2
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I am trying to decode a data stream. This signal comes out of an STC 8H1K16 micro-controller. It is from the pin labeled TxD is the picture.

enter image description here

When I trigger the signal I am trying to understand I get the following:

(purple timings in drawing are approximations)

enter image description here

I thought it was a serial communication so I tried connecting it to an FTDI chip and dumping what I receive. When I measure the pulse I got ~103uS so I assume it is 9600 baud. But the data I get out is inconsistent so I don't think it is working

Serial Dump Code:

func main() {
    // https://github.com/tarm/serial/blob/master/serial.go
    c := &serial.Config{
        Name: "/dev/tty.usbserial-AM00FHIL",
        Baud: 9600,
        //Parity: serial.ParityOdd,
        //StopBits: serial.Stop1,
        Size: 8,
        //ReadTimeout: time.Millisecond * 500,
    }
    s, err := serial.OpenPort(c)
    if err != nil {
        log.Fatal(err)
    }

    
    for {
        i++
        buf := make([]byte, 128)
        n, err = s.Read(buf)
        if err != nil {
            log.Fatal(err)
        }

        fmt.Printf(" %x", n)

    }
}

Any ideas for what format this signal is?

More context:

I have a Vevor TV lift that has a wired remote. I want to connect this to Home Assistant but I need to understand this signal. I can try and just mirror the signal but would like to actually know its format if at all possible.

Answer

As pointed out by @Jasen I was only printing the len and not the buffer. Here is the working dump code:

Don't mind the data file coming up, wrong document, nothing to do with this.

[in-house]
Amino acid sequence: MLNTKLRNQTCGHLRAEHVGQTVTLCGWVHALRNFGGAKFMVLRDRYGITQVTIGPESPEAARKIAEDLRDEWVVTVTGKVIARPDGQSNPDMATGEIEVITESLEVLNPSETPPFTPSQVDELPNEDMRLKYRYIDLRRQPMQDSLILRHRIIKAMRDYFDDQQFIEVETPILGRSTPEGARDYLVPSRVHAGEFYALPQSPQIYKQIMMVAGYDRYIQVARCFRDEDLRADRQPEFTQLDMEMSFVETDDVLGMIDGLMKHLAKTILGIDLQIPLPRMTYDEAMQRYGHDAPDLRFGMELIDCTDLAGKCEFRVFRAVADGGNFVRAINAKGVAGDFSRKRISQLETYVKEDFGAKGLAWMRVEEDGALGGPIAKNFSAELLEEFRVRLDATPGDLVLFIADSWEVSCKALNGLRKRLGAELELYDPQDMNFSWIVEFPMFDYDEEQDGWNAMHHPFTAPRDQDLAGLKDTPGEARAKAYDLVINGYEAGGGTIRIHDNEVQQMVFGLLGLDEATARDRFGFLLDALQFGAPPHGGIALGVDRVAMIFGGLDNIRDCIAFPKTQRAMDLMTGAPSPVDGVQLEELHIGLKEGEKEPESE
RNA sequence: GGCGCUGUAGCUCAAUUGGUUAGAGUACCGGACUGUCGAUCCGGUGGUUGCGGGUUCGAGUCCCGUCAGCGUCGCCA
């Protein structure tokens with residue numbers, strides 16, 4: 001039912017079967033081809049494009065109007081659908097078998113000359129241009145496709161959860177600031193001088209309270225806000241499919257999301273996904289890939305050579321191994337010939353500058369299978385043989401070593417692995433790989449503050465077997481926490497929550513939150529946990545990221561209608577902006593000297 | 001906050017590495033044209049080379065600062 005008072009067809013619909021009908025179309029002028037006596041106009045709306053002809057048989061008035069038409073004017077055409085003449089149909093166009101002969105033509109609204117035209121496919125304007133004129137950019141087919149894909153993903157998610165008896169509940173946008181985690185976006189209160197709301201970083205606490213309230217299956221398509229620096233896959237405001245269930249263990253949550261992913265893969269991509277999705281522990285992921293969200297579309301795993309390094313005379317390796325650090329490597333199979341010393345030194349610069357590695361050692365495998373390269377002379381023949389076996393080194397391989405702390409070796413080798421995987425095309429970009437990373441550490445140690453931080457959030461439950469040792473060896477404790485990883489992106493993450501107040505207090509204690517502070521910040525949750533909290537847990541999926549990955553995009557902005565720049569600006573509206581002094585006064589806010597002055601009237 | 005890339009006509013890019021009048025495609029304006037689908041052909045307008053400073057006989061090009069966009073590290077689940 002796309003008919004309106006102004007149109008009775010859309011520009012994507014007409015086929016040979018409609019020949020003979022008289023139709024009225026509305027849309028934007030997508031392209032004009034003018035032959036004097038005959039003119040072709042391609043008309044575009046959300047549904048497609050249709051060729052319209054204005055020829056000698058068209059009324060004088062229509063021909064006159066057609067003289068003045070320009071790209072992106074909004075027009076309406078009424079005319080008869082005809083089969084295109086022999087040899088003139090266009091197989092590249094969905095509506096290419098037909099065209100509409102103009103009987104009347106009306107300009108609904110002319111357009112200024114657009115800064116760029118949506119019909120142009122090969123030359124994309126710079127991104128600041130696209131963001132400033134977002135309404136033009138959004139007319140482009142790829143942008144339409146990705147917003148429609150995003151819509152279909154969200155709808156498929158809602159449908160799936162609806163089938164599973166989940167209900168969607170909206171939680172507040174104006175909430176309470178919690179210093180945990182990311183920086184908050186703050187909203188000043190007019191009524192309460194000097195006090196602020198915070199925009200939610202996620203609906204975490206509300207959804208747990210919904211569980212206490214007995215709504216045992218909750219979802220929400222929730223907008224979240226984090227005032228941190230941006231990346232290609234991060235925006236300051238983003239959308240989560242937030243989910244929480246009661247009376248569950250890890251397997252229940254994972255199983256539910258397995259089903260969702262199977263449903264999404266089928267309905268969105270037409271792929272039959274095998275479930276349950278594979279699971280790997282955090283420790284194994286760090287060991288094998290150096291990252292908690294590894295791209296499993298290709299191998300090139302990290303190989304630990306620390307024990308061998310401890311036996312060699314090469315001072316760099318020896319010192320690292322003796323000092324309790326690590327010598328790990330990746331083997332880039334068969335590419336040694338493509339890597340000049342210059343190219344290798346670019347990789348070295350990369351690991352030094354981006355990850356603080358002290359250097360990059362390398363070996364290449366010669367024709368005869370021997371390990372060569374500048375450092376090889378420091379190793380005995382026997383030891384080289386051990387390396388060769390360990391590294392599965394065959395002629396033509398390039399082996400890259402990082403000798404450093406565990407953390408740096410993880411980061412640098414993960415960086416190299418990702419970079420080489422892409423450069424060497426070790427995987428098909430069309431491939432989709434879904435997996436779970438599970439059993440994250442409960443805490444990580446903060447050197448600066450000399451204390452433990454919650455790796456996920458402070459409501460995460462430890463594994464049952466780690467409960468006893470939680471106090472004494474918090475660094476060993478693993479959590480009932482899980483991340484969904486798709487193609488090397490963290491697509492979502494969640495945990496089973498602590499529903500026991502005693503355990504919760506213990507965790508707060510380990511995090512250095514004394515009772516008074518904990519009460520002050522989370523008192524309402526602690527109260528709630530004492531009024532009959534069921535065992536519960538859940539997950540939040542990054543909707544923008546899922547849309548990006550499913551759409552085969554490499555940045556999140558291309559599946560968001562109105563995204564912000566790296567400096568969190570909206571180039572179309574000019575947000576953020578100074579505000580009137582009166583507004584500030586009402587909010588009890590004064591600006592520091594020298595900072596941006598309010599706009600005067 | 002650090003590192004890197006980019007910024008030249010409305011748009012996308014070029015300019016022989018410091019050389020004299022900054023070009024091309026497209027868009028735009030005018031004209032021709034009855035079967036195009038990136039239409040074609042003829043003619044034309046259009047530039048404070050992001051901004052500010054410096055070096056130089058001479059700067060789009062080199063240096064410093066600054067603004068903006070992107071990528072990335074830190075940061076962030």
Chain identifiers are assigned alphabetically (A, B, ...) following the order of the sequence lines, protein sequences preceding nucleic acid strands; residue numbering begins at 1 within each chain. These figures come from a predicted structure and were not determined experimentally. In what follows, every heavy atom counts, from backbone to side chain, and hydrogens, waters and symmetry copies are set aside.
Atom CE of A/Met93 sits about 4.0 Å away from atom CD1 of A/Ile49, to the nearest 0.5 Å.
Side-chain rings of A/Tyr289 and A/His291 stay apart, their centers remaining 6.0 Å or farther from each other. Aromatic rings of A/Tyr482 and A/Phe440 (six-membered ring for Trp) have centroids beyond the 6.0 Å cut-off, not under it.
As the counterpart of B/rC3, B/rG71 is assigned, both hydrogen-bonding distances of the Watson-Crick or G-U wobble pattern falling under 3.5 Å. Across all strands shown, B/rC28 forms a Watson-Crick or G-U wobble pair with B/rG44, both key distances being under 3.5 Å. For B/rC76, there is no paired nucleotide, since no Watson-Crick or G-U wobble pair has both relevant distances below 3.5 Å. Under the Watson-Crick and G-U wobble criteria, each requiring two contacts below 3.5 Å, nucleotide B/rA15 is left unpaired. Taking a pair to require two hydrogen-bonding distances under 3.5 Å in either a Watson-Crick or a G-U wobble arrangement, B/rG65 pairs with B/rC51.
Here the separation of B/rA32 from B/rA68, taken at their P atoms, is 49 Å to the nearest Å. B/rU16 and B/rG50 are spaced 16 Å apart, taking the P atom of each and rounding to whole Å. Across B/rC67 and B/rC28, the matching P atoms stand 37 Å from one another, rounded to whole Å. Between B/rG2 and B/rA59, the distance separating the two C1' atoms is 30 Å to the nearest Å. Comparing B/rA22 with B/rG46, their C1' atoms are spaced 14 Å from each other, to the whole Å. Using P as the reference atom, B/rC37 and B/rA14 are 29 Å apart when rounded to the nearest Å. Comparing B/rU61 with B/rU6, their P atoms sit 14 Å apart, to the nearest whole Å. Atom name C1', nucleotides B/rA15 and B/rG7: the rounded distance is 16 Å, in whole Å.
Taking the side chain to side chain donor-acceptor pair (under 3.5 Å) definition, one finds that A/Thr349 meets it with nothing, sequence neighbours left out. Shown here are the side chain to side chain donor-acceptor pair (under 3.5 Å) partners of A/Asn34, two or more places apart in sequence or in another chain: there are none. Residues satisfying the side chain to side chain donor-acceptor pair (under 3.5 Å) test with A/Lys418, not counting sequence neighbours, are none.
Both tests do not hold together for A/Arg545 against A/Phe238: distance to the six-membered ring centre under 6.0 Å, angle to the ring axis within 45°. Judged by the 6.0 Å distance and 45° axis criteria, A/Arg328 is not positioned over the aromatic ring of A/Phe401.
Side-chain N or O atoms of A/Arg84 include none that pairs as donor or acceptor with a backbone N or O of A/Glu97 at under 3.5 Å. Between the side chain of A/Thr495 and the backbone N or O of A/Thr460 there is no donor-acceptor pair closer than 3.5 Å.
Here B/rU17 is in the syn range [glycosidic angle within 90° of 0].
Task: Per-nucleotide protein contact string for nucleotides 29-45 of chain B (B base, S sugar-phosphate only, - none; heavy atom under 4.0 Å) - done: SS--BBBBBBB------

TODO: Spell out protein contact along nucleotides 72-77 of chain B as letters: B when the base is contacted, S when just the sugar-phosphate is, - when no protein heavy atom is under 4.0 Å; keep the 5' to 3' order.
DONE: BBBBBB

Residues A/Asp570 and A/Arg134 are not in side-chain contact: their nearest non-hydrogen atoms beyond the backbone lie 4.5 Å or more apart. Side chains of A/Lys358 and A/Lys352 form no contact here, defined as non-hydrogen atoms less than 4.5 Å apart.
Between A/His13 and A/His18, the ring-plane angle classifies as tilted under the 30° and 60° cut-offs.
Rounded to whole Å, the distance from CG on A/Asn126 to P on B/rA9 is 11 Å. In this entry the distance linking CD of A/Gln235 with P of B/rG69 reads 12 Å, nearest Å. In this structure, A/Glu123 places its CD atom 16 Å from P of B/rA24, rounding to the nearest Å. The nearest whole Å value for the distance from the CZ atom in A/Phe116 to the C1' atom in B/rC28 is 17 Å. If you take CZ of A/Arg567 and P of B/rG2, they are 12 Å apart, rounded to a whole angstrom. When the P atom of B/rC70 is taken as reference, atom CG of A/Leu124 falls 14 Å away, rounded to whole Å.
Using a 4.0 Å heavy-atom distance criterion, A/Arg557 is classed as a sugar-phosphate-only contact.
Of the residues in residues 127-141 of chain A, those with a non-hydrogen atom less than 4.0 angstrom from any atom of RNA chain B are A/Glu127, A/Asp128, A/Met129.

package main

import (
    "fmt"
    "log"

    "github.com/tarm/serial"
)

func main() {
    // https://github.com/tarm/serial/blob/master/serial.go
    c := &serial.Config{
        Name: "/dev/tty.usbserial-AM00FHIL",
        Baud: 9600,
        //Parity: serial.ParityOdd,
        //StopBits: serial.Stop1,
        Size: 8,
        //ReadTimeout: time.Millisecond * 500,
    }
    s, err := serial.OpenPort(c)
    if err != nil {
        log.Fatal(err)
    }
    
    for {
        buf := make([]byte, 128)
        n, err := s.Read(buf)
        if err != nil {
            log.Fatal(err)
        }

        //fmt.Printf("\n(%x): ", n)

        for i := 0; i < n; i++ {
            if buf[i] == 0x55 {
                fmt.Printf("\n")
            }
            fmt.Printf(" 0x%.2x", buf[i])
        }

    }
}

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6
  • 4
    \$\begingroup\$ your dump code sees to only print the number of bytes found in serial port's buffer \$\endgroup\$ Commented Dec 12, 2021 at 22:49
  • 1
    \$\begingroup\$ Looks like 8 bit data with a single stop bit and no parity. \$\endgroup\$
    – Andy aka
    Commented Dec 12, 2021 at 22:50
  • \$\begingroup\$ By serial communication, I take it you mean UART at 9600 baud. Have you tried enabling/disabling both parity and 9-bit mode and seeing what you receive then? You can also just follow it through by eye on your display, looking for START and STOP bit positions. (Too late for me to look at it myself.) \$\endgroup\$
    – TonyM
    Commented Dec 12, 2021 at 22:51
  • 7
    \$\begingroup\$ I get 0x55 0xAA 0xF0 0xF0 by hand decoding (9600,8,n,1) \$\endgroup\$ Commented Dec 12, 2021 at 22:57
  • 2
    \$\begingroup\$ extend the top time interval to 5.2 ms ... looks like AA55F0F0F0 or 55AA0F0F0F \$\endgroup\$
    – jsotola
    Commented Dec 12, 2021 at 23:03

1 Answer 1

0
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As pointed out by @Jasen I was only printing the len and not the buffer. Here is the working dump code:

package main

import (
    "fmt"
    "log"

    "github.com/tarm/serial"
)

func main() {
    // https://github.com/tarm/serial/blob/master/serial.go
    c := &serial.Config{
        Name: "/dev/tty.usbserial-AM00FHIL",
        Baud: 9600,
        //Parity: serial.ParityOdd,
        //StopBits: serial.Stop1,
        Size: 8,
        //ReadTimeout: time.Millisecond * 500,
    }
    s, err := serial.OpenPort(c)
    if err != nil {
        log.Fatal(err)
    }
    
    for {
        buf := make([]byte, 128)
        n, err := s.Read(buf)
        if err != nil {
            log.Fatal(err)
        }

        //fmt.Printf("\n(%x): ", n)

        for i := 0; i < n; i++ {
            if buf[i] == 0x55 {
                fmt.Printf("\n")
            }
            fmt.Printf(" 0x%.2x", buf[i])
        }

    }
}
```
\$\endgroup\$

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